We all have an expiration date—an end date—don’t we? What’s yours? What’s mine? Suppose it were tomorrow?

Fingers hover over the keyboard. Where the fuck am I going with this?

Ender climbs into my lap and knocks the laptop screen over. I tuck him into my left armpit and kiss his crazy dreadlocked hair. We shift and reposition—I try to reach other his squirming body to reach the keyboard with my left hand…

Ender: You’re squeezing me to death, Mom!

Jane: That’s because it’s rather hard to type while hugging you.

Ender: You can’t stop.

Hugging him? Or the other?

I wrap my left hand around his head. Type only with my right.

Where am I going with this?

If I had an expiration date.. what would I do? What would I change?

“How we spend our days is, of course, how we spend our lives.”

Annie Dillard

I keep on hugging. And typing, with one hand.

Then get kd lang to belt out Leonard Cohen’s Hallelujah in the background:

xoxo,

“Jane”

POST-SCRIPTS

For writers:

One Stop For Writers–a new initiative by Calgary writer and entrepreneur Angela Ackerman

From around the world:

Giving up alcohol opened my eyes to the infuriating truth about why women drink by Kristi Coulter on Quartz –also check out author Kristi Coulter’s blog, Off-Dry: Sober Girl, Loopy World

If you’re in yyc:

You MUST go to the Esker Art Gallery  and see Wafaa Bilal’s 168:1 exhibit. –it wraps up this Sunday and it needs to be seen.

Also:

Passionate Kisses featuring performances by The Coming Out Monologues, August 31, at The Simmons Building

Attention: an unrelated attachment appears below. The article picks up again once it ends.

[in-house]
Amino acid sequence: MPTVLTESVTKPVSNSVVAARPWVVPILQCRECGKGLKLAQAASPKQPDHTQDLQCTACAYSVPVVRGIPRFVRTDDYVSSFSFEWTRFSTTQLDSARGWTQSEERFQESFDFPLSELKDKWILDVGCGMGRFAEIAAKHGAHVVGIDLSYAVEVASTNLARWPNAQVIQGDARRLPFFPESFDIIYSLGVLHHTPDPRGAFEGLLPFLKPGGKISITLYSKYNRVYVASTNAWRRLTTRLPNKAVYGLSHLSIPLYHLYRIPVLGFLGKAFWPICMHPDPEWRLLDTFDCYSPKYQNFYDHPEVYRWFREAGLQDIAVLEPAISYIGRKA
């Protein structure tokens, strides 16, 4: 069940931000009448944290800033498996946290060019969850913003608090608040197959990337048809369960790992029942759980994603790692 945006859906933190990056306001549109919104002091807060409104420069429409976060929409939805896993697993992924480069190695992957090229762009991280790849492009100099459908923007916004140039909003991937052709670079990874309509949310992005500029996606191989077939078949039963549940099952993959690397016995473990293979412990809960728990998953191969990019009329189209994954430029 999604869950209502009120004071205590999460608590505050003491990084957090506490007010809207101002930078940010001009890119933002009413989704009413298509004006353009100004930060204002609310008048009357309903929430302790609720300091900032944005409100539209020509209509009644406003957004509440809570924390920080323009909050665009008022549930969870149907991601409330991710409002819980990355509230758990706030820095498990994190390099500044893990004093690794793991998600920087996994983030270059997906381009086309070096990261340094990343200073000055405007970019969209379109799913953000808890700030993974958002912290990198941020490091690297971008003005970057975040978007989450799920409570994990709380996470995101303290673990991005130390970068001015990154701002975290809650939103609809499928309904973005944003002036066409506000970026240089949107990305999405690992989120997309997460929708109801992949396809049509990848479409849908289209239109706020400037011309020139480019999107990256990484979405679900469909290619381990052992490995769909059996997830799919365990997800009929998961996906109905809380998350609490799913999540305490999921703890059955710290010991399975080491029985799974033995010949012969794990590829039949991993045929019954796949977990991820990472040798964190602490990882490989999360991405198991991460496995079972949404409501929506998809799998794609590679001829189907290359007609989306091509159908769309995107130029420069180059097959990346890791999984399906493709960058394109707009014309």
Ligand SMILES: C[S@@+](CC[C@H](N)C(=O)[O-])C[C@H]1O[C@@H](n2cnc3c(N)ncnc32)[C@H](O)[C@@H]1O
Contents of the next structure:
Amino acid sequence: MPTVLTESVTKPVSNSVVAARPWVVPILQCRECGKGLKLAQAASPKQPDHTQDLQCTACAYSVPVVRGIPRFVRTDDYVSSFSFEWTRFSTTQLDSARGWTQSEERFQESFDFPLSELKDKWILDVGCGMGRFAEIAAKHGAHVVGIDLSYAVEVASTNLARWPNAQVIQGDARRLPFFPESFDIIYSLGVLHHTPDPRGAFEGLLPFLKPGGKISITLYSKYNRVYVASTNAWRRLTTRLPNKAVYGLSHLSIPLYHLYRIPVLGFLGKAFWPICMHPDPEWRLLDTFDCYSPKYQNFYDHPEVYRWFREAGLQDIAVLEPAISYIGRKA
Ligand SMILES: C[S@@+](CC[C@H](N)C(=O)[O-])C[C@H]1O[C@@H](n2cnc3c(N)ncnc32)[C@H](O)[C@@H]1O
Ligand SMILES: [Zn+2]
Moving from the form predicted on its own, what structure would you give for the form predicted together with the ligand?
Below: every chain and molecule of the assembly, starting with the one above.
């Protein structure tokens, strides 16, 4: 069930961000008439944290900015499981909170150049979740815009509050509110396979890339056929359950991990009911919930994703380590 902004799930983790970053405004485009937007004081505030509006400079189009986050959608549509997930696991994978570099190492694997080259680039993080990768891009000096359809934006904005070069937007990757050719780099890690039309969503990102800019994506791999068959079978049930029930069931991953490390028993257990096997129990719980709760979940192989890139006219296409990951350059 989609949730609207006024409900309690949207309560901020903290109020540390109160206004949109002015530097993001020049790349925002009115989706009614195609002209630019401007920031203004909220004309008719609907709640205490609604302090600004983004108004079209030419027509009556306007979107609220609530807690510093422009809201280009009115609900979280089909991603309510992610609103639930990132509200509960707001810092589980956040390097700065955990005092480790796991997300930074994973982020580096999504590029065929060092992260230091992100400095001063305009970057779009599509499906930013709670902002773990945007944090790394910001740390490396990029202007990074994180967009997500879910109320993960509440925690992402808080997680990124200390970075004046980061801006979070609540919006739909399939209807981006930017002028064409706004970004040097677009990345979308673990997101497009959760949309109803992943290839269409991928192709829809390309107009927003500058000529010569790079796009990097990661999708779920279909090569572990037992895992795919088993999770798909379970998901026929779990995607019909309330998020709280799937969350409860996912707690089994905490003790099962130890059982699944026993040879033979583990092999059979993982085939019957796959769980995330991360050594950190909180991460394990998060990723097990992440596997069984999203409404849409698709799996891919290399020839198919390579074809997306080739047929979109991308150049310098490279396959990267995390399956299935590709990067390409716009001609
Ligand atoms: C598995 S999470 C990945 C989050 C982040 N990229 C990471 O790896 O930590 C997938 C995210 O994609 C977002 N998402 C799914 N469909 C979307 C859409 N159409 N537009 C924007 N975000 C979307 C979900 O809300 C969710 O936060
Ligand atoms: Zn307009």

Inspired Calgary: Calgary’s First Secular Homeschooling Conference, Cardel Theatre, Sept 3rd—come hear me speak about unschooling.

The Rocky Horror Picture Show at the Plaza, Sept 4th.

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nbtb-wafaa bilal at esker

The price of flow

I.

JaneAusten6

You: “So, no post last week, eh Jane? Slacking off?”

Jane: “Twenty-five thousand words in five days, baby, and a first-final draft of a third novel finished. What did you do? Play Pokemon Go?”

I’m totally bragging.

I’ve never, ever had flow like that before.

But, in case envy is devouring you right now, let me assure you: the post-output bliss lasts exactly 24 minutes, and I’m currently convinced that if it came that easily and that quickly, it must be shit.

II.

Assignment: Fingers on keyboard—I won’t make you write this by hand—fingers on keyboard, ready? And… “Why I no longer take selfies” or “In praise of the selfie phenomenon.” 25 minutes.

Don’t stop. 25 minutes. Fingers dancing.

Now—stop.

You should have 500 words.

Now cut it down to 250…

Stop whining.

The final piece is going to 150, including your headline.

You’re welcome.

NBTB-Exhausted Blogger

III.

A first-final draft, by the way, is the first draft that you think is a final draft (in reality it’s the fourth, fifth, seventh), until you start to show it to people and…

Him: “So… Chapter 17… have you considered that it should actually be Chapter 3? And, um, half its current size?”

Her: “Actually, a paragraph. Maybe even just two sentences. It fleshes out a character that only exists to illustrate… Get rid of her, and, instead…”

Jane: “You don’t understand my vision at all. You’re stupid. Fat. And those shoes are UGLY.”

Ah, fuck. That was supposed to be just communicated to you through the squinting of my eyes. It wasn’t supposed to come out of my mouth.

Sorry. Are we still friends?

IV.

The children subsist on stale bread softened with margarine for breakfast, lunch and dinner, except for the days when Cinder breaks down and makes everyone hot dogs.

When he does, our industrial-size container of mustard leaps out of the fridge and tries to kill him.

He swears. A good mother would ask him if he needs help cleaning up the mess.